INAUGURAL TRIP MARRED BY TECHNICAL HITCHES
GREAT WESTERN Railway introduced its first Hitachi-built Inter-city Express (IEP) into passenger service on 16 October 2017.
Part of a £5.7 billion fleet procured by the Department for Transport to cover both the Great Western and East Coast main lines, the first service was the 06.00 Bristol Temple Meads to Paddington, which consisted of two five-car bi-mode units (Nos 800005/006) coupled together; however, the maiden journey encountered a series of issues (see p10). A second pair of units (Nos 800008/009) also entered service shortly afterwards from Paddington, and enjoyed a more successful debut.
Hitachi Rail Europe managing director Karen Boswell apologised for the issues encountered during the first journey, saying ‘I am… very sorry and disappointed that today’s first passenger train from Bristol encountered technical issues, causing a delay to the service and an air conditioning issue which resulted in water entering the carriage rather than being discharged externally. This was not to a standard that Hitachi expects…
‘We can and will do better. Our depot teams are as a matter of priority investigating the root causes of today’s technical issues, and we will ensure that these are corrected as quickly as possible.’ A video apology from
Ms Boswell was also posted on the manufacturer’s Twitter feed.
As of mid-October, seven five-car Class 800s were available to GWR for passenger service. The operator will introduce a total of 57 ‘800s’ – 36x5-car and 21x9-car units, all of which will be delivered as bi-modes capable of running on both diesel and electric power following delays to the Great Western electrification programme (the nine-car units were originally due to be built as EMUs, with only a last-mile diesel capability). They will initially operate on the routes from Bristol and South Wales to London, but will also serve Taunton and the North Cotswold line by December and the South Cotswold line from Cheltenham to Paddington by next summer.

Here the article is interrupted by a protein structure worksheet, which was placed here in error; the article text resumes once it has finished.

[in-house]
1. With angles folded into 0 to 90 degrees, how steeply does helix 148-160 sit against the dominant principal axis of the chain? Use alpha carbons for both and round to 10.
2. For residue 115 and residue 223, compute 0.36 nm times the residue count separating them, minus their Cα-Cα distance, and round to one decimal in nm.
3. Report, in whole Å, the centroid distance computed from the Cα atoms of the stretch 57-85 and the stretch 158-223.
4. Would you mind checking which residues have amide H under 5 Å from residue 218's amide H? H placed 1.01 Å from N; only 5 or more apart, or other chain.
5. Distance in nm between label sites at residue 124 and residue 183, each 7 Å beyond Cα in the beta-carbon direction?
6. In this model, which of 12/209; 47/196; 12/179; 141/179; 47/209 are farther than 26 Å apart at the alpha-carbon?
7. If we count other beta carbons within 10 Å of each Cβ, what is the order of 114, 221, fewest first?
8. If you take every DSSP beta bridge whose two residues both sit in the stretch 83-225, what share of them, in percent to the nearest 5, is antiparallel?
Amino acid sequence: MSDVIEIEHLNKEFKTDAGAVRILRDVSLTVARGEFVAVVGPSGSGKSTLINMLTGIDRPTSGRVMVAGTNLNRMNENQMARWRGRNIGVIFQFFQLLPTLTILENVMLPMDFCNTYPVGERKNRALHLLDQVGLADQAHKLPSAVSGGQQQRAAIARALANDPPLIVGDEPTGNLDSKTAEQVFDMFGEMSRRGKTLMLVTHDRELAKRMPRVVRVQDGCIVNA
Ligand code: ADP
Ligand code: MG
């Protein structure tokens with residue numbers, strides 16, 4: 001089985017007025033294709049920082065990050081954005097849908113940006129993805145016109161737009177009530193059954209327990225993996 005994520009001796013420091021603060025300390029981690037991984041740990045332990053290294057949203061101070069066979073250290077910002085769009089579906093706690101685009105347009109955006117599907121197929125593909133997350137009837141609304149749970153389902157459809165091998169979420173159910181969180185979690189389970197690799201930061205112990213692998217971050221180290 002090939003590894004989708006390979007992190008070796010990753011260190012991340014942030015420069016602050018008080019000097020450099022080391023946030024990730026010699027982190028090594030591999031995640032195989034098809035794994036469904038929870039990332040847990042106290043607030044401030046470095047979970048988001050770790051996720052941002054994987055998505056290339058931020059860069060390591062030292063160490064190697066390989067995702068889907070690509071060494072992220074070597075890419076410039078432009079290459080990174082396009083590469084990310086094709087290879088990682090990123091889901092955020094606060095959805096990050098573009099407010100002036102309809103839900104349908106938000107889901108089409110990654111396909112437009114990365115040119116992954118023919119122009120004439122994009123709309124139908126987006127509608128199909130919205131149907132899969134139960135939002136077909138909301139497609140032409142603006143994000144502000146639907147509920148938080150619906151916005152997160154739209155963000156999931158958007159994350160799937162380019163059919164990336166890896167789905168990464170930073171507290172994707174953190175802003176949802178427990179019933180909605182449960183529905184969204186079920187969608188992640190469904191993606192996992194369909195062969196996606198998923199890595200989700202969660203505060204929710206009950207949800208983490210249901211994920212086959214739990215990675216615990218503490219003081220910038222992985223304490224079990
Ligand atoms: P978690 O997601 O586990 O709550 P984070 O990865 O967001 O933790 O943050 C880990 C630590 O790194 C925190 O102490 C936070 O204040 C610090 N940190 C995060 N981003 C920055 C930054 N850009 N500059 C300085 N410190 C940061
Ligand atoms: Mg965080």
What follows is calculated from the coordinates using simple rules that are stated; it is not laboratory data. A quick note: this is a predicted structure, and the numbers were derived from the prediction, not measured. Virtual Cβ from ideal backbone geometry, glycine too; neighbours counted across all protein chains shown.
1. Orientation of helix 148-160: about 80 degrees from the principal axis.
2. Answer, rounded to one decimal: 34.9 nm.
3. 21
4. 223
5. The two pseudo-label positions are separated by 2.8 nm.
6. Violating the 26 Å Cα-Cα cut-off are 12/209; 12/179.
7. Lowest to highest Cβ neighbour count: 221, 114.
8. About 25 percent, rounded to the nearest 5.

A separate fleet of 22x5-car and 14x9-car Class 802s. also built by Hitachi, will follow from summer 2018, primarily for services between London and Devon and Cornwall.
The IEP fleet has been funded by Agility Trains. Agility Trains West, which is funding the GWR Class 800 fleet, is made up of
Hitachi, John Laing Group and John Laing Infrastructure Fund. The second IEP fleet of Class 800 bi-modes and Class 801 EMUs for Virgin Trains East Coast (which the operator has dubbed the ‘Azuma’) is due to enter service from December 2018. Hitachi is assembling most of the Class 800 fleet at its Newton Aycliffe facility in County Durham. The new trains offer 24% more seating capacity than the HSTs they replace, along with increased legroom and luggage space and more tables. Hitachi will also maintain the IEP fleet for 27.5 years under the contract with DfT, and has built new depots at North Pole in west London and Stoke Gifford in Bristol, with a further smaller facility located at Swansea.
GWR plans a significant timetable change in January 2019 to realise the full benefits of the new fleet. More frequent services are planned to include four trains per hour between Bristol and London (two via Chippenham and two via Bristol Parkway) along with journey time cuts of 17 minutes from London to Bristol and 14 minutes from London to Swansea.
Meanwhile, there is evidence of further slippage in the electrification programme: according to Neil Thompson, Network Rail’s Infrastructure Projects Regional Director, in a recent NR publication, there is ‘a commitment to deliver the core section of electrification between Paddington and Cardiff by March 2019’. This compares with December 2018 for this section under Sir Peter Hendy’s March 2016 revised project timetable (under the programme set at the start of the project, Bristol, Cardiff and the branch lines were all supposed to be electrified by December 2016).